Golf courses throughout The T&D Region have been adjusting to the challenges of safe operation during the coronavirus pandemic.
With health and safety at the forefront, some locations — including Orangeburg Country Club, Santee National, Santee Cooper, Lake Marion and the Bamberg Golf Course — made changes in March and have continued to offer tee times on a regular basis. Most of these have links on their websites explaining their recent adjustments and rule changes for play.
However, municipal courses — including Calhoun Hills Golf Complex and Hillcrest Golf Course — shut down operation as soon as South Carolina Gov. Henry McMaster announced mid-March that parks and recreation areas should be closed. Those locations are opening back up now in May, since government regulations have been adjusted in recent days.
Most of the social distancing changes for golfers at courses across the state have been simple, including paying your green fees when you reserve a tee time, so one cart per golfer can be sanitized and ready with their name on the cart when they arrive. Rakes have been removed from most sand traps, as have ball washers along the cart path.
Hillcrest to reopen Thursday
Hillcrest Golf Course plans to reopen for play on Thursday, May 7.
Due to some employees considered to be high-risk individuals when it comes to COVID-19, golf pro/course manager Greg Funderburk will have a skeleton staff working the course and pro shop at least through this month. All employees will be pre-screened and tested if displaying any symptoms of the COVID-19 virus prior to returning to work at the course.
"We had a crew remove some storm-damaged trees on Friday, and we will have an all-out push Monday through Wednesday to get the course acceptable for play starting on Thursday," Funderburk said. "Greens and tee boxes will be priority, and then fairways. So, our fairways might be a little shaggy for a few days, as we take care of things.
"We are looking at limited hours and limited days, due to the crisis and our personnel."
Plans are for Hillcrest to offer play from 8 a.m. until 6 p.m., Thursdays through Sundays, at least for the remainder of spring.
All of the course's 50 carts must be returned to an area that will be designated near the cart building by 7 p.m. nightly, for sanitation purposes. Golfers are asked to dispose of their own trash in supplied receptacles.
"All of our staff will be wearing masks and gloves, according to state and federal guidelines," Funderburk said. "That will mainly pertain to areas in and around the buildings and golfers.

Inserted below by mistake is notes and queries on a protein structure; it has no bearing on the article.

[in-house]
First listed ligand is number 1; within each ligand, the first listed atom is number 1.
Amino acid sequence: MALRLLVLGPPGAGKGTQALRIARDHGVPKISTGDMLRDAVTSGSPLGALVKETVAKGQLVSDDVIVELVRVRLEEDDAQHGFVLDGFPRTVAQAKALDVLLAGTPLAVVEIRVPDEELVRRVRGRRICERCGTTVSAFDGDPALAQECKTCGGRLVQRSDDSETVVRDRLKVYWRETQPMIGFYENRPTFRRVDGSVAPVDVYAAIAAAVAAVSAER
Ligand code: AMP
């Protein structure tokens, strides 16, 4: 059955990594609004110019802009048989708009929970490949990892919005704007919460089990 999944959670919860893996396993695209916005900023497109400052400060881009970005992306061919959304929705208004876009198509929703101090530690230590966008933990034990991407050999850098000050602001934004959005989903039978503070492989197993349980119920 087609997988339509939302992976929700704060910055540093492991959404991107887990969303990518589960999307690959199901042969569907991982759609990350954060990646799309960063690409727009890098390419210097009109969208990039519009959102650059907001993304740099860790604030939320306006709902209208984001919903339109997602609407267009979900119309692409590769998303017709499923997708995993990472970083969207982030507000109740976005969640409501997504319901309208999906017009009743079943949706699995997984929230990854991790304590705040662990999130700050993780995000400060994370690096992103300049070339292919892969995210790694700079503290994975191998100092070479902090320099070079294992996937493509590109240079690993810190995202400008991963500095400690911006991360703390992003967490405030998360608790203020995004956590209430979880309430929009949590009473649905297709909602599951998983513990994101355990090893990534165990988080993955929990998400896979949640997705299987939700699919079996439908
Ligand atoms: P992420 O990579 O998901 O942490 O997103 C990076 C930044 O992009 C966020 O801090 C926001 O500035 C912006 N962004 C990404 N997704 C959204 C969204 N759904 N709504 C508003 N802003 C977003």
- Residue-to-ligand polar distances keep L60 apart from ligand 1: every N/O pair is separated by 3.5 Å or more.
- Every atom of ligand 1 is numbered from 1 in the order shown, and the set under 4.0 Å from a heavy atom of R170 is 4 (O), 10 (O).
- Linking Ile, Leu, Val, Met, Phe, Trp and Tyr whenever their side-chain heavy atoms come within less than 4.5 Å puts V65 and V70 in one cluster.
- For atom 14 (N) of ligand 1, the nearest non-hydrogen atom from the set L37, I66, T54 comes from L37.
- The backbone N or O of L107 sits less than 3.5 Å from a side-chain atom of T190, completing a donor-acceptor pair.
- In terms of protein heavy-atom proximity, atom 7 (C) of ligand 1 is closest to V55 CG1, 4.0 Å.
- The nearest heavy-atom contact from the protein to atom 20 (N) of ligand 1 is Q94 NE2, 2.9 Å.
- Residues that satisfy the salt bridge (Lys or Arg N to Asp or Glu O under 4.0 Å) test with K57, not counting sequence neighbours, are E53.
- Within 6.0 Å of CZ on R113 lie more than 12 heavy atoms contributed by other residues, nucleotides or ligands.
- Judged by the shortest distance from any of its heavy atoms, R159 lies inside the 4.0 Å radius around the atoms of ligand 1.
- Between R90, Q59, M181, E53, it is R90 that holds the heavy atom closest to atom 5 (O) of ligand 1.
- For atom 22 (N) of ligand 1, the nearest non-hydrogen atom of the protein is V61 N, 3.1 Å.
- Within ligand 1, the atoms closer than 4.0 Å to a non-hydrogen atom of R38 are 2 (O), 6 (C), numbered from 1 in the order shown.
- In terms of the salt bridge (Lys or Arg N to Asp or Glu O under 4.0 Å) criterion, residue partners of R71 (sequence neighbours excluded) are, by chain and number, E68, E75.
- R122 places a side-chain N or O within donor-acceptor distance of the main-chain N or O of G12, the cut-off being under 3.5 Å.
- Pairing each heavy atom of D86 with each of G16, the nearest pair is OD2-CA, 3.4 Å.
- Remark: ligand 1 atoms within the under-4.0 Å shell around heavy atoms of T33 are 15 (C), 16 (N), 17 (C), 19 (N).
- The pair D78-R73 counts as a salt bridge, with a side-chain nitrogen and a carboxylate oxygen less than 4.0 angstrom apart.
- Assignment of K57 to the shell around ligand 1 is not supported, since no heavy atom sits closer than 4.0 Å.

"Of course, social distancing on 300 acres is really not a problem. We can do this and offer a great golfing environment."
The driving range and putting greens will be open, as range balls will be sanitized and placed in baskets for customers. Restrooms will be sanitized hourly.
As for restrictions in place, only one person will be allowed per golf cart, unless they are family, only 4 people will be allowed in the clubhouse/pro shop building at one time, and snacks for sale will only include bottled drinks and pre-packaged food items. All transactions in the pro shop must be made with a debit card, credit card or a personal check, with no cash accepted. And golfers are asked to pick up instead of putting out when their shot is close to a hole, to avoid touching flag sticks.
"For now, we encourage walkers to come and play, but to secure a golf cart it needs to be prepaid," Funderburk said. "By making a tee time in no way guarantees you cart access. When you pay in advance, we will have a cart ready. These guidelines come from the National Golf Course Association of America and the Carolinas Golf Association.
"We thought, when we had to close, that it would be mid-May before we would be able to reopen. But since the state guidelines changed for parks and recreation, based on our governor's announcements, we can now reopen earlier. We ask that golfers leave the area once they are through playing, instead of congregating under the pavilion or in the parking lot. Hopefully, this won't be that long with the current set-up, but we do want to get people back on the course in a safe manner."
Funderburk pointed out that department heads from City of Orangeburg offices have wanted to get Hillcrest back open, as soon as it could do so safely and with state government's approval.